Metal yard art comes in so many varieties that it is hard to pick just one type. Found-object yard art takes the least amount of skill to make, but requires a great amount of whimsical, childlike imagination. You have probably seen characteristic figures such as gnomes, birds and other animals welded together from rakes and garden spades, or a turtle made from a shovel with a funnel for the head and gardening hand forks for feet. According to 20-year veteran metal artist and blacksmith Gypsy Wilburn, "There's no limit to what can be made from worn out tools and such. I never found an object that wouldn't turn into something or become a part of something, no matter how creative I had to get."
Things You'll Need
- Found objects, with extra parts
- MIG or TIG welder
- Welding helmet
- Welders' gloves and leathers
- ABC chemical fire extinguisher
- 5 gallon bucket of water
- 5 gallon bucket of sand
- 4.5-inch right angle grinder with cut-off wheel, 24 grit abrasive wheel and wire wheel
- Wrap-around eye protection
- Alligator and C-clamps of various sizes
- 16-gauge black annealed steel wire (also called baling wire or rebar tie wire)
- Brightly colored rust-inhibitive enamel paint, liquid or spray
- Disposable paintbrushes
- Masking tape
- Paint markers
Collect your materials and design your pieces. The easiest, cheapest and most fun way of doing this is traveling between your local dollar store, flea market and yard sales, searching for the right objects to create your beast or character. Don't be afraid to change the design as you hold railroad spikes up next to the shovel and lawn mower muffler. Maybe those spikes weren't meant to be the pudgy dwarf's arms.
Lay out all the pieces you collected, the way that you think they should go together. Step back and contemplate your piece of metal yard art. The old saying is, "Think twice, cut once." Don't be afraid to take your time, though. Enjoy your favorite beverage and think it through more than twice, as you may find a more pleasing way to assemble your piece.
Don wrap-around eye protection. Use your right-angle grinder to cut, grind and wire wheel all the pieces you intend to use, so that they will weld together more easily. The cleaner the metal, the closer the pieces will fit together. This will make a major difference, not only in the ease of welding but in the durability of the finished piece as well.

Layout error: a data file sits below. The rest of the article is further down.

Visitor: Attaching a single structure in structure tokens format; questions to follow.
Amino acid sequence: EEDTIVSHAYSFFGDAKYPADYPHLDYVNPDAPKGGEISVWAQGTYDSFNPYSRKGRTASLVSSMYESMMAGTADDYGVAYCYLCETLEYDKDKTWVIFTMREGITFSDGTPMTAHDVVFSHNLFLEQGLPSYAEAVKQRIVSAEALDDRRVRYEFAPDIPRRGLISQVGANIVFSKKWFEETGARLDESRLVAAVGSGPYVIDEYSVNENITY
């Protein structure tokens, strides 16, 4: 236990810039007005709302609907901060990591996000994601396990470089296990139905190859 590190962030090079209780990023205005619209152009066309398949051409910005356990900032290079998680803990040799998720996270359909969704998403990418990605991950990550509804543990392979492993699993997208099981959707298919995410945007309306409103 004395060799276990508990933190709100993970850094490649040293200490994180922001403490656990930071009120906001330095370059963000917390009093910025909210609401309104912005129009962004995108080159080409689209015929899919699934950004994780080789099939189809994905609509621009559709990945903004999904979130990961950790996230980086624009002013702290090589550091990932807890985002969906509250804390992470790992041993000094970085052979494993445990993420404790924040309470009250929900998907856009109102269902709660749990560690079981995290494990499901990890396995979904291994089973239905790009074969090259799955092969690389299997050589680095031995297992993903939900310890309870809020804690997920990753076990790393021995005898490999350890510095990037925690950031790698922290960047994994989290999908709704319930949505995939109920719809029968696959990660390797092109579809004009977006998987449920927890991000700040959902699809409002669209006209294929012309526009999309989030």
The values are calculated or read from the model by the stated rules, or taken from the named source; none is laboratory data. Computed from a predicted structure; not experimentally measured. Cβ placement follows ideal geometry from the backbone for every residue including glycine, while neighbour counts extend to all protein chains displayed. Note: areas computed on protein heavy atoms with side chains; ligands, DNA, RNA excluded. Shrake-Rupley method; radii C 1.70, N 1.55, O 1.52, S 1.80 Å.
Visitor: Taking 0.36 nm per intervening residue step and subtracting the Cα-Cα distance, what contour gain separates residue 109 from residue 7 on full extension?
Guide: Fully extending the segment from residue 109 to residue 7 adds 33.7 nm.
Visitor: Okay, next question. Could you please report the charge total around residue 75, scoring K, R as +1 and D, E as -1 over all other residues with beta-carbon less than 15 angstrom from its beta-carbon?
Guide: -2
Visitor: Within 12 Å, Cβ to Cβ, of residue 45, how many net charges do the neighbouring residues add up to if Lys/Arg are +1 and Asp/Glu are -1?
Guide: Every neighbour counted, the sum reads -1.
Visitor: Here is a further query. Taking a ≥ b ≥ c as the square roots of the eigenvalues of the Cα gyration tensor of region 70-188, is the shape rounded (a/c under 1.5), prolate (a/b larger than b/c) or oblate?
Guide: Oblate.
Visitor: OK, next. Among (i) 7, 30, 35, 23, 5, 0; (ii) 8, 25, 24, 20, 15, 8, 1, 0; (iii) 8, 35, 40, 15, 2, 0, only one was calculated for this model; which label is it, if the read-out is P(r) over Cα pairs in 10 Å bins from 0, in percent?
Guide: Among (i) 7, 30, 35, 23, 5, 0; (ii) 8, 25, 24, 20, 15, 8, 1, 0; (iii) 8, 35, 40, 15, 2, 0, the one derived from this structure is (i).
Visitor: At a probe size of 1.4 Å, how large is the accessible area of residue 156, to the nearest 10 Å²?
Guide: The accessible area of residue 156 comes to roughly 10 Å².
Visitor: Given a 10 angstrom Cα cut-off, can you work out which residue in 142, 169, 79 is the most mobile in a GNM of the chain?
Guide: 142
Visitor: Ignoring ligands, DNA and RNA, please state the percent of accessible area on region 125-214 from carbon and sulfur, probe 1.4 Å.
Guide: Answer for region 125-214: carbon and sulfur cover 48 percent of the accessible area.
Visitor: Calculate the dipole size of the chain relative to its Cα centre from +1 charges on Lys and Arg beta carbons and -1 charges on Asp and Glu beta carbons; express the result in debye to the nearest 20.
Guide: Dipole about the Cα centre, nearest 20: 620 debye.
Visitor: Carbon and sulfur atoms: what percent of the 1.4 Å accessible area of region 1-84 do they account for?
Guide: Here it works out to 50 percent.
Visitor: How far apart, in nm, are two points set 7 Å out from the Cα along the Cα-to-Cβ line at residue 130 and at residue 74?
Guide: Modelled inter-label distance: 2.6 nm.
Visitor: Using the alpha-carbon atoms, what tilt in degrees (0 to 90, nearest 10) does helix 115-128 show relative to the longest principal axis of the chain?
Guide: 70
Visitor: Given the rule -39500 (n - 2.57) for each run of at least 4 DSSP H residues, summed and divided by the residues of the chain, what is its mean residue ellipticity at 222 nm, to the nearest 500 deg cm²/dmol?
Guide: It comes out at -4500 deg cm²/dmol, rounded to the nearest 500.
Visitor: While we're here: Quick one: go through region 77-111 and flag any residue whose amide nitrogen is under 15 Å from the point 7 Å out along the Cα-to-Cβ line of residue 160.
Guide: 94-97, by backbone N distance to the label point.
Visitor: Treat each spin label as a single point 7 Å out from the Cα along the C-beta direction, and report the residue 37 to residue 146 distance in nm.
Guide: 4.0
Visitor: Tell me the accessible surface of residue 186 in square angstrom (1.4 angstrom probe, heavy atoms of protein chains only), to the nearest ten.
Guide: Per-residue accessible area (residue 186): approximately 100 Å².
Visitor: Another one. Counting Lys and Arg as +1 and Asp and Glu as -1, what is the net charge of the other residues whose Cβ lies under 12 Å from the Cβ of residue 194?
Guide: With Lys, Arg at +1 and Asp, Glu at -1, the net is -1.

Use clamps or wire to hold the first two pieces together. Don your welding helmet and leathers. Weld the first two pieces of your yard sculpture. Repeat wiring and clamping to weld the next piece into place. Continue until the entire piece is welded together.
Once your entire metal yard art piece is welded, clean all the welds with your 24-grit abrasive wheel. Wire wheel any surface that may inhibit paint from adhering to your piece. Paint all the pieces using disposable brushes, masking tape and paint markers to add features and separate colors. Generally, the brighter and more cartoonish, the better. Place your piece in your yard or on your sale table and enjoy the response your creation gets.
Tips & Warnings
- For pieces with more than two legs and a low center of gravity, such as a turtle, start with the body and add the extremities. For two-legged or high center of gravity pieces it is wise to start with a stake to push into the ground and begin welding the feet and legs to that stake.
- Keep an ABC chemical fire extinguisher, 5-gallon bucket of water and a 5-gallon bucket of sand handy at all times when cutting, grinding or wire brushing metal. Make sure the area where you intend to weld is free of debris, paper, wood or flammable liquids before you begin.
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